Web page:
Re: Need a C++ compiler
On Jun 16, 9:27 pm, Gennaro Prota <addr...@yahoo.com> wrote:
On Sat, 16 Jun 2007 10:33:12 -0700, Nikhil Bokare wrote:
I wanted a C++ compiler which would follow the ANSI C++ standards.
If you could tell me an IDE also, it would be more helpful.
Please, read the FAQ. In particular, see
<http://www.parashift.com/c++-faq-lite/how-to-post.html> and the entry
"Which newsgroup should I post my questions?". Note that almost
everyone will say their compiler is conforming (and you can see an
example here in this thread) but almost none is.
In the strictest sense, none are, because even in the best,
there will almost certainly be a bug or two which affects
conformance. The sad fact, however, is that almost none even
try---Comeau is a major exception.
I just noticed that he didn't say "free", unlike most postings
of this type. So the answer is clear: Comeau
(http://www.comeaucomputing.com/). Not only is it conforming,
but Comeau with the Dinkumware library is probably the best
compiler around in terms of overall quality as well.
Regretfully, the packaging is not up to the same level as the
rest, or wasn't when I tried it, so installing it is enough of a
chore to put off beginners. But that's about the end of the bad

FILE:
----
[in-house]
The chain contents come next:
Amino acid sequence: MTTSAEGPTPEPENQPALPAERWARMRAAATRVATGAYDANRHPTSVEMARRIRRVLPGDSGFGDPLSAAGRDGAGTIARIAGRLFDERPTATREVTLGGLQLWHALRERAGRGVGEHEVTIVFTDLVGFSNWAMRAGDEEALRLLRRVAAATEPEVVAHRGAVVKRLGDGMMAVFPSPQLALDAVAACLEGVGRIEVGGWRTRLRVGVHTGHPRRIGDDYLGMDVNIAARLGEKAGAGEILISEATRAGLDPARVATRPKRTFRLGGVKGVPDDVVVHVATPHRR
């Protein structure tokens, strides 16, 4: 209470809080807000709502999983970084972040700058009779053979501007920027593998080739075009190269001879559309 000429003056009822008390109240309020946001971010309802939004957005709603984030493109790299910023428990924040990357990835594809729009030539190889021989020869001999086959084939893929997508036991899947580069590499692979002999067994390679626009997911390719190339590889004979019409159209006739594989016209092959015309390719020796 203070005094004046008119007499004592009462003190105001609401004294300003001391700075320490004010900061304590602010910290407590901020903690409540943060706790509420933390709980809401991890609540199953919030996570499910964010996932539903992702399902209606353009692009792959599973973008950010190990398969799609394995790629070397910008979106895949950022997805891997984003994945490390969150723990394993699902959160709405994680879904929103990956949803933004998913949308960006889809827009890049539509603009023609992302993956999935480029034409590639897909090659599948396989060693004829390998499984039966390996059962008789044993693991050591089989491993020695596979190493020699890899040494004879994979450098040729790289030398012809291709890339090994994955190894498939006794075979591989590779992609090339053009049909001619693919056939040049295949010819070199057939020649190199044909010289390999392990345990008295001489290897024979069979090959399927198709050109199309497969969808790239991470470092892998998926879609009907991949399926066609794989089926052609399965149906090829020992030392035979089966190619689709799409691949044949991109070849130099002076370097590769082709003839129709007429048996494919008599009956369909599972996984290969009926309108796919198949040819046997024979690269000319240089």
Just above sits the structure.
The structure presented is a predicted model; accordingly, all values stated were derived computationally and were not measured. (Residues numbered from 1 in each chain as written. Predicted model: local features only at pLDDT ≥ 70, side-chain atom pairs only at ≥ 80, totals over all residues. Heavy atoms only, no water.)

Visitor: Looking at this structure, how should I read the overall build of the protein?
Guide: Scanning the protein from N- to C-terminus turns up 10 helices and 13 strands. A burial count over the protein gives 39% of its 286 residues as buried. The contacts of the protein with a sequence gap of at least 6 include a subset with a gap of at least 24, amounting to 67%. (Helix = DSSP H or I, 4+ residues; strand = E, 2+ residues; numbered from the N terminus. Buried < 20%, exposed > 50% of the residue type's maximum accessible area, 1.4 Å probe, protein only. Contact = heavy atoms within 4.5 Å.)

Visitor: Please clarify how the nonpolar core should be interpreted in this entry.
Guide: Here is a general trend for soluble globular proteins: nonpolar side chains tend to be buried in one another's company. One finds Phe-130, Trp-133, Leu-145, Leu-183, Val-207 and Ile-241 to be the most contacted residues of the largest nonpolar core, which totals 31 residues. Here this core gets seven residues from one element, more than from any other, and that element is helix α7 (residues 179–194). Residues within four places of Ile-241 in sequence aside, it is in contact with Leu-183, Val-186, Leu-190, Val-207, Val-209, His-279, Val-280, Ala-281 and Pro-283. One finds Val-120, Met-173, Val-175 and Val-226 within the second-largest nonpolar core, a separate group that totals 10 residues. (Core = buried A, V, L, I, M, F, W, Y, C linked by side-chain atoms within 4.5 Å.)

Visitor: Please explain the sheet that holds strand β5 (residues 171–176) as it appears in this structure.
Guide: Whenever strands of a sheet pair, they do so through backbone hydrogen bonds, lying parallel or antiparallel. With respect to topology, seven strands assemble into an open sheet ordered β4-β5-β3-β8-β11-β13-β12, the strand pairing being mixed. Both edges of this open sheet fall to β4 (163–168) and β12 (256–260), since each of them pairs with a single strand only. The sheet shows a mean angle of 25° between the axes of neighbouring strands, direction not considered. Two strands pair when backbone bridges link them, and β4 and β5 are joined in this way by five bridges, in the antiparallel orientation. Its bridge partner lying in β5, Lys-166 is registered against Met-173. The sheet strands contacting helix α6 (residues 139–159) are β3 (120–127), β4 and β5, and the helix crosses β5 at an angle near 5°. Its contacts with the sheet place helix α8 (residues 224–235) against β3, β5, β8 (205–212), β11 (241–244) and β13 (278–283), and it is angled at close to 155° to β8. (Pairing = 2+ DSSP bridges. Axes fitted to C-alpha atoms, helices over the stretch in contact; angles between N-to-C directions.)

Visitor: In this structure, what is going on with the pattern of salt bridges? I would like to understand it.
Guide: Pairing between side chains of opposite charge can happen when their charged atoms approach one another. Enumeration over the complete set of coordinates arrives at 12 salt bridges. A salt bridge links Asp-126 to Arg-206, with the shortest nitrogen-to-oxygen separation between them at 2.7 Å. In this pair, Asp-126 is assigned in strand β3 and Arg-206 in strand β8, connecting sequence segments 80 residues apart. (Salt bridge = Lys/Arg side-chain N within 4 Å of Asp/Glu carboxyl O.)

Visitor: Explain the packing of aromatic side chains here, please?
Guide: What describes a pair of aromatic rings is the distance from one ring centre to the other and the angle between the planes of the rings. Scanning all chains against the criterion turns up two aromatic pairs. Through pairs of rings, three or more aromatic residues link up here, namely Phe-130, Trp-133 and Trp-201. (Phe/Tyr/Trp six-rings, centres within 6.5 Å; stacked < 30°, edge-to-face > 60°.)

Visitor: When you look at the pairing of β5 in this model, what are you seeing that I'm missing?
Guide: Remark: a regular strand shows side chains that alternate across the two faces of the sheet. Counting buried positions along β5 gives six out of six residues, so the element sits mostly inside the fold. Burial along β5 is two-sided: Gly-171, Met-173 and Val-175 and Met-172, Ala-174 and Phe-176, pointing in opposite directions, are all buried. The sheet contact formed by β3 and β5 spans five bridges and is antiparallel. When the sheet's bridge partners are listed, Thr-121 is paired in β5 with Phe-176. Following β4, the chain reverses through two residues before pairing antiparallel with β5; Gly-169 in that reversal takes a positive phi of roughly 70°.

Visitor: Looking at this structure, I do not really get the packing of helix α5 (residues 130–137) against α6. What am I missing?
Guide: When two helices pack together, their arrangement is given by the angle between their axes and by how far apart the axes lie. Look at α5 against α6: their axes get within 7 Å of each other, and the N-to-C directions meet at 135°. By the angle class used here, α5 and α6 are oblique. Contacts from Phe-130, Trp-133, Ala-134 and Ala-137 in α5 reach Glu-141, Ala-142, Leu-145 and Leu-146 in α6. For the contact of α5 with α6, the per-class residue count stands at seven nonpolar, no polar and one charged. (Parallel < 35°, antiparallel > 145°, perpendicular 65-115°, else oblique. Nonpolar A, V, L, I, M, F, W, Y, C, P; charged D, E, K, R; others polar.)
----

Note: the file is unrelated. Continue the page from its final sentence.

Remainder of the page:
news. Because it is a quality compiler, it has a lot of
options, and because it treats its users honestly, it doesn't
try to pretend that you can use it without understanding them.
And while not free, the price is extremely reasonable.
But the original poster didn't say why he wanted the compiler,
so it is impossible to say what he really needs. If his goal is
more or less to have something that works out of the box, to
play around with and start learning C++, without having to
attack all of the issues involved in producing professional code
in one go, then he likely doesn't need the features missing in
VC++ or g++, and while totally useless in a professional
environment, VC++ and the Visual Studios environment will get
him going easier and faster than having to learn a real editor,
how to write shell scripts and make files, and all the rest.
(If he wants to do professional development, he'll have to learn
these things sooner or later, since using them effectively makes
you a much more effective programmer. But you don't have to
learn everything at once, and there's no harm in starting with
something less powerful, but easier to get started with.)
James Kanze (Gabi Software) email: email@example.com
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